The “Bat Detective” website needs people to help identify bat calls to help develop automated identification tools, BBC reported.
The programme is a partnership project among University College London, Zoological Society of London, The Bat Conservation Trust, BatLife Europe, University of Auckland, and the Citizen Science Alliance.
The site converts “normally inaudible bat calls” into something humans can hear and provides information needed to help visitors identify species, the report said.
Scientists say understanding bat populations provides an important indicator of ecosystem health.
“Bats use a lot of different types of sounds, from singing to each other to find a mate and to using echoes from their tweets to find their way around,” Kate Jones, joint chairwoman of ecology and biology at the University College of London (UCL) and the Zoological Society of London (ZSL), was quoted as saying.
“Usually, bat sounds are inaudible to humans as they are too high for us to hear but special ‘time expansion’ ultrasonic detectors convert these sounds to a lower frequency,” said Jones, also the chairwoman of the UK Bat Conservation Trust.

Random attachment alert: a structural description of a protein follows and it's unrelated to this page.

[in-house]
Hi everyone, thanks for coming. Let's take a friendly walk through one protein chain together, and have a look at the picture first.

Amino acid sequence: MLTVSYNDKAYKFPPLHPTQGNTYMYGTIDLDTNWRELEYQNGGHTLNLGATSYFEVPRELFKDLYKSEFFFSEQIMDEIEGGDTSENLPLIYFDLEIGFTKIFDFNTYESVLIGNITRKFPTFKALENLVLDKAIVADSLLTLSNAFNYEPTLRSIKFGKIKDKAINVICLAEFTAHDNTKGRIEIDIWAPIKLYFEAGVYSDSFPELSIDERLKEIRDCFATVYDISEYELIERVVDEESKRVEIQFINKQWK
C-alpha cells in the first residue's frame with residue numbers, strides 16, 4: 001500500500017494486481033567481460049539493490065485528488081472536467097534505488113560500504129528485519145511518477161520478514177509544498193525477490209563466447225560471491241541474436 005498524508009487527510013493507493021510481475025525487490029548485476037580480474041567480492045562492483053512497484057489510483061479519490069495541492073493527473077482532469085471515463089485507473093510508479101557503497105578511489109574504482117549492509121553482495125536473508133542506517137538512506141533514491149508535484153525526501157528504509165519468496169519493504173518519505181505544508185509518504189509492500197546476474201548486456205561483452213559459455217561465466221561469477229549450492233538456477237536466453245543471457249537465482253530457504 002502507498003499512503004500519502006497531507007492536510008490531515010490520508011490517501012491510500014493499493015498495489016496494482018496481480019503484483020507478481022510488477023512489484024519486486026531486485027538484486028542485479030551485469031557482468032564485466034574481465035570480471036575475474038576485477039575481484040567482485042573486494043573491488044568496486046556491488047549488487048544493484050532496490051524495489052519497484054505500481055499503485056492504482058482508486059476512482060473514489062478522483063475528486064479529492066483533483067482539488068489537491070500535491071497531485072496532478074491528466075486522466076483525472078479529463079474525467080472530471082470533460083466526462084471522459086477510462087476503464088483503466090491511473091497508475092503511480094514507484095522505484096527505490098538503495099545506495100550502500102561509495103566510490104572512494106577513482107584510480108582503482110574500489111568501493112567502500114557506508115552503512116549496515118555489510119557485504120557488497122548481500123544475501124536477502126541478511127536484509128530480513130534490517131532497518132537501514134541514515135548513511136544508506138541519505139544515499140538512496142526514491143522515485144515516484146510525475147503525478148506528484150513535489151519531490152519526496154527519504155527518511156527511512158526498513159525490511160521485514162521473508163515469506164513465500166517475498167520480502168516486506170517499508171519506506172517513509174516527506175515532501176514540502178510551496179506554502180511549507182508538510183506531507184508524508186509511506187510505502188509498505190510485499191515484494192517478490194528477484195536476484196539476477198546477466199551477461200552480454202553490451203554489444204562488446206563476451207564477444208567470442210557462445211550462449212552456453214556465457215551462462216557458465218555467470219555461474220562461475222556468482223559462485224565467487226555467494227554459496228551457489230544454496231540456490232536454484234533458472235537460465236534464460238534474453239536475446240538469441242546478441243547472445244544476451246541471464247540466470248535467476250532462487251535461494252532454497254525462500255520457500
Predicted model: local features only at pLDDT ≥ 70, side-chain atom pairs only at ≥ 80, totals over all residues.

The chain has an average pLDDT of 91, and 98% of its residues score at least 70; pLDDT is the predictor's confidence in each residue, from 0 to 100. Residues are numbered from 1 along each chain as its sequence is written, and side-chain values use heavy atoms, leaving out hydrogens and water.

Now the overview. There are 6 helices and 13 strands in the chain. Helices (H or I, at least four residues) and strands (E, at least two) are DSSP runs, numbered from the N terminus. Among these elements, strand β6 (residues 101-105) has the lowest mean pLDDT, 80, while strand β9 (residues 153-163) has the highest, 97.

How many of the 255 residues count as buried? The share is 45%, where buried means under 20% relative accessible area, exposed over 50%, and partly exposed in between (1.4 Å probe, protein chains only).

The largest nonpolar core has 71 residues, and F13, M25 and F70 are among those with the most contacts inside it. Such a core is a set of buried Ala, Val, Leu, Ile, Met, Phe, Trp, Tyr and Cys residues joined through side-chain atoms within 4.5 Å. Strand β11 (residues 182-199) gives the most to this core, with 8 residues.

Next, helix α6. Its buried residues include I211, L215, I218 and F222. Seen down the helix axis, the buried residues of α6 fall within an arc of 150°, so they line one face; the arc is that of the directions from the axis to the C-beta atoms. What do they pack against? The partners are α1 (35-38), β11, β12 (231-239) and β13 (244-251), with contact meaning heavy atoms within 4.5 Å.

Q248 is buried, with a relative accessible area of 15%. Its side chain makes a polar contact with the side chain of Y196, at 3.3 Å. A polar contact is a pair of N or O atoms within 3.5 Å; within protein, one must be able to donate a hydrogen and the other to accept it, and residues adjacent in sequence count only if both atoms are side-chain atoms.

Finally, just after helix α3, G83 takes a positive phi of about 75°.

“Visitors to the Bat Detective website can listen to these unique recordings and help us distinguish different sounds.”
Conservationists say one in four species are threatened with extinction.
“We hope hundreds of thousands of people will help us listen in to what the bats are saying and to also build important tools for conservation,” said Chris Lintott from the University of Oxford, who led the team that designed and built the website.
BBC said that in a recent paper in the Journal of Applied Ecology, researchers published details about a freely available online tool used to identify the calls of bat species found in Europe.
Data collected by volunteers across Europe allowed them to develop the identification tool, iBatsID, which has been used to identify 34 out of continent’s 45 known species.